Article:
Many an analyst or Mac watcher has tried to quantify the “iPod Halo effect” around Windows-using iPod buyers who were so entranced with the iPod and iTunes experience that they gave Macintosh a try. While most now believe that the iPod is playing a significant role in leading new prospects to the Mac side, it was only a few years ago when many thought that by porting iTunes to Windows, Apple would in fact reduce one’s desire to switch.
A recent article on Applepeels, authored by a former longtime Apple employee, discussed how Quicktime has long been a cross-platform Apple application, but an exception, even as large Apple customers would beg and plead for the company to port more applications to Windows, including Safari and Mail.app., making those apps an enterprise standard. As you know, that hasn’t happened. Even as Apple switched CPU platforms from PPC to x86, it hasn’t yet opened up the floodgates for traditional Apple applications on the Windows platform (or Linux, for that matter).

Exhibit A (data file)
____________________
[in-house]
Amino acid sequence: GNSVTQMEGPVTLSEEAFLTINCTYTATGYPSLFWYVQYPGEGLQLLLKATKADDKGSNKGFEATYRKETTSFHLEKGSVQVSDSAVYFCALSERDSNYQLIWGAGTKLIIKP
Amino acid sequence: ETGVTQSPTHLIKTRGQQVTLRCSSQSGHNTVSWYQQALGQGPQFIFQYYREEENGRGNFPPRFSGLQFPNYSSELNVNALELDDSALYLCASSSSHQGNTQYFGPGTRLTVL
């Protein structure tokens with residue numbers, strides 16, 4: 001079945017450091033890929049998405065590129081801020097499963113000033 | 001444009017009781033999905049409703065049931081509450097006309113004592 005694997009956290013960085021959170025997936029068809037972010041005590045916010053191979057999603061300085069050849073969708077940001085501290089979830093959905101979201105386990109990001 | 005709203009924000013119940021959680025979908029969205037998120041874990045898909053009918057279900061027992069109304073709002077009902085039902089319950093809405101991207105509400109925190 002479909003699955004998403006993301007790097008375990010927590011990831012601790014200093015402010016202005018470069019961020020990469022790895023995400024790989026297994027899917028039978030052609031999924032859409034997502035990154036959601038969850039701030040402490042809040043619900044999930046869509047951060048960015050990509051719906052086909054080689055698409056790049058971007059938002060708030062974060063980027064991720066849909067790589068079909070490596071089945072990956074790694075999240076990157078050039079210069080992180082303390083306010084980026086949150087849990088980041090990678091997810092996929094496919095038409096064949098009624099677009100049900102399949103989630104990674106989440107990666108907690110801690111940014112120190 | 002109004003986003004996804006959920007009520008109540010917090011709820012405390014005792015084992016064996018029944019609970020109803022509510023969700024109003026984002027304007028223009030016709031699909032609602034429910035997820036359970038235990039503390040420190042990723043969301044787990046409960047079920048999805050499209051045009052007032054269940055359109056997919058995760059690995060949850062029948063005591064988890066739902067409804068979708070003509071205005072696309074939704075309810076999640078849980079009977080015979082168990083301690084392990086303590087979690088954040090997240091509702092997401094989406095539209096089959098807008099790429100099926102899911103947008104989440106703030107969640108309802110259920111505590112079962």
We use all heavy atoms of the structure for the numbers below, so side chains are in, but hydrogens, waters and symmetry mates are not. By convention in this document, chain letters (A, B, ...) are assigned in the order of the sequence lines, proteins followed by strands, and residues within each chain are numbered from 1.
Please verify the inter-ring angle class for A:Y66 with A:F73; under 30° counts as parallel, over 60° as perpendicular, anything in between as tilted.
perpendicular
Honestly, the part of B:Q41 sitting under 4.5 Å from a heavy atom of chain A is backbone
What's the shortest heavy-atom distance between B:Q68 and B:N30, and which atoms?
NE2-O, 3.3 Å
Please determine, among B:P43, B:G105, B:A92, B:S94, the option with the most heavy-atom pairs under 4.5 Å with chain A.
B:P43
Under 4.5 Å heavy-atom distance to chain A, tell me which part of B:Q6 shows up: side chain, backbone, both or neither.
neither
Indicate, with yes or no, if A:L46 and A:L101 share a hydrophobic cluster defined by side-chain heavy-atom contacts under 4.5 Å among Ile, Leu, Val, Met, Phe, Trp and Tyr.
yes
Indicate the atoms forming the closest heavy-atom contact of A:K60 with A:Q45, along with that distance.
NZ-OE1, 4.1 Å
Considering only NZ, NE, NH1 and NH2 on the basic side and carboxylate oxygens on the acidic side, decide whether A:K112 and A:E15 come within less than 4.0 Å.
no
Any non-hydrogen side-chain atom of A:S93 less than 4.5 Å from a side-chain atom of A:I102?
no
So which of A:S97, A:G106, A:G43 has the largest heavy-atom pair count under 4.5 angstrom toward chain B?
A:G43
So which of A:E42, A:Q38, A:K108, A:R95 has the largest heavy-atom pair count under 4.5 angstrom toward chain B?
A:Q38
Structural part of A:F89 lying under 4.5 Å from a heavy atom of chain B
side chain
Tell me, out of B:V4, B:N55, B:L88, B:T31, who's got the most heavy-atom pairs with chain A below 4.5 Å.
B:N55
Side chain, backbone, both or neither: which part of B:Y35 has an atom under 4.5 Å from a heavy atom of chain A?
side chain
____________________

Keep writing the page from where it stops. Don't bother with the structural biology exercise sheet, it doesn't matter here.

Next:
Apple has made incredible hay in providing the iLife suite on new Macs. iLife (with the exception of iTunes) is not available for Windows. Similarly, Safari, Mail.app, iCal and other apps are Mac-only, unavailable for other platforms. While not as famous as the “No Mac OS X on generic x86” mantra, Cupertino hasn’t hinted that this will change. Are these applications core to the whole Apple experience? Is the Apple experience one of the Mac OS X look and feel? Is it one of well-designed hardware? Is it the close integration of Apple hardware and software? Or is it the litany of Apple applications, working in parallel that defines the Mac?
Apple has turned a lot of heads who otherwise would not have looked at the Mac platform in the last few years with the debut and domination of the iPod and iTunes, the switch to Intel, and the debut of iPhone. Would offering Safari, Mail.app or iLife on Windows change the equation at all? It’s not as if Windows users are lacking for mail applications and a Web browser…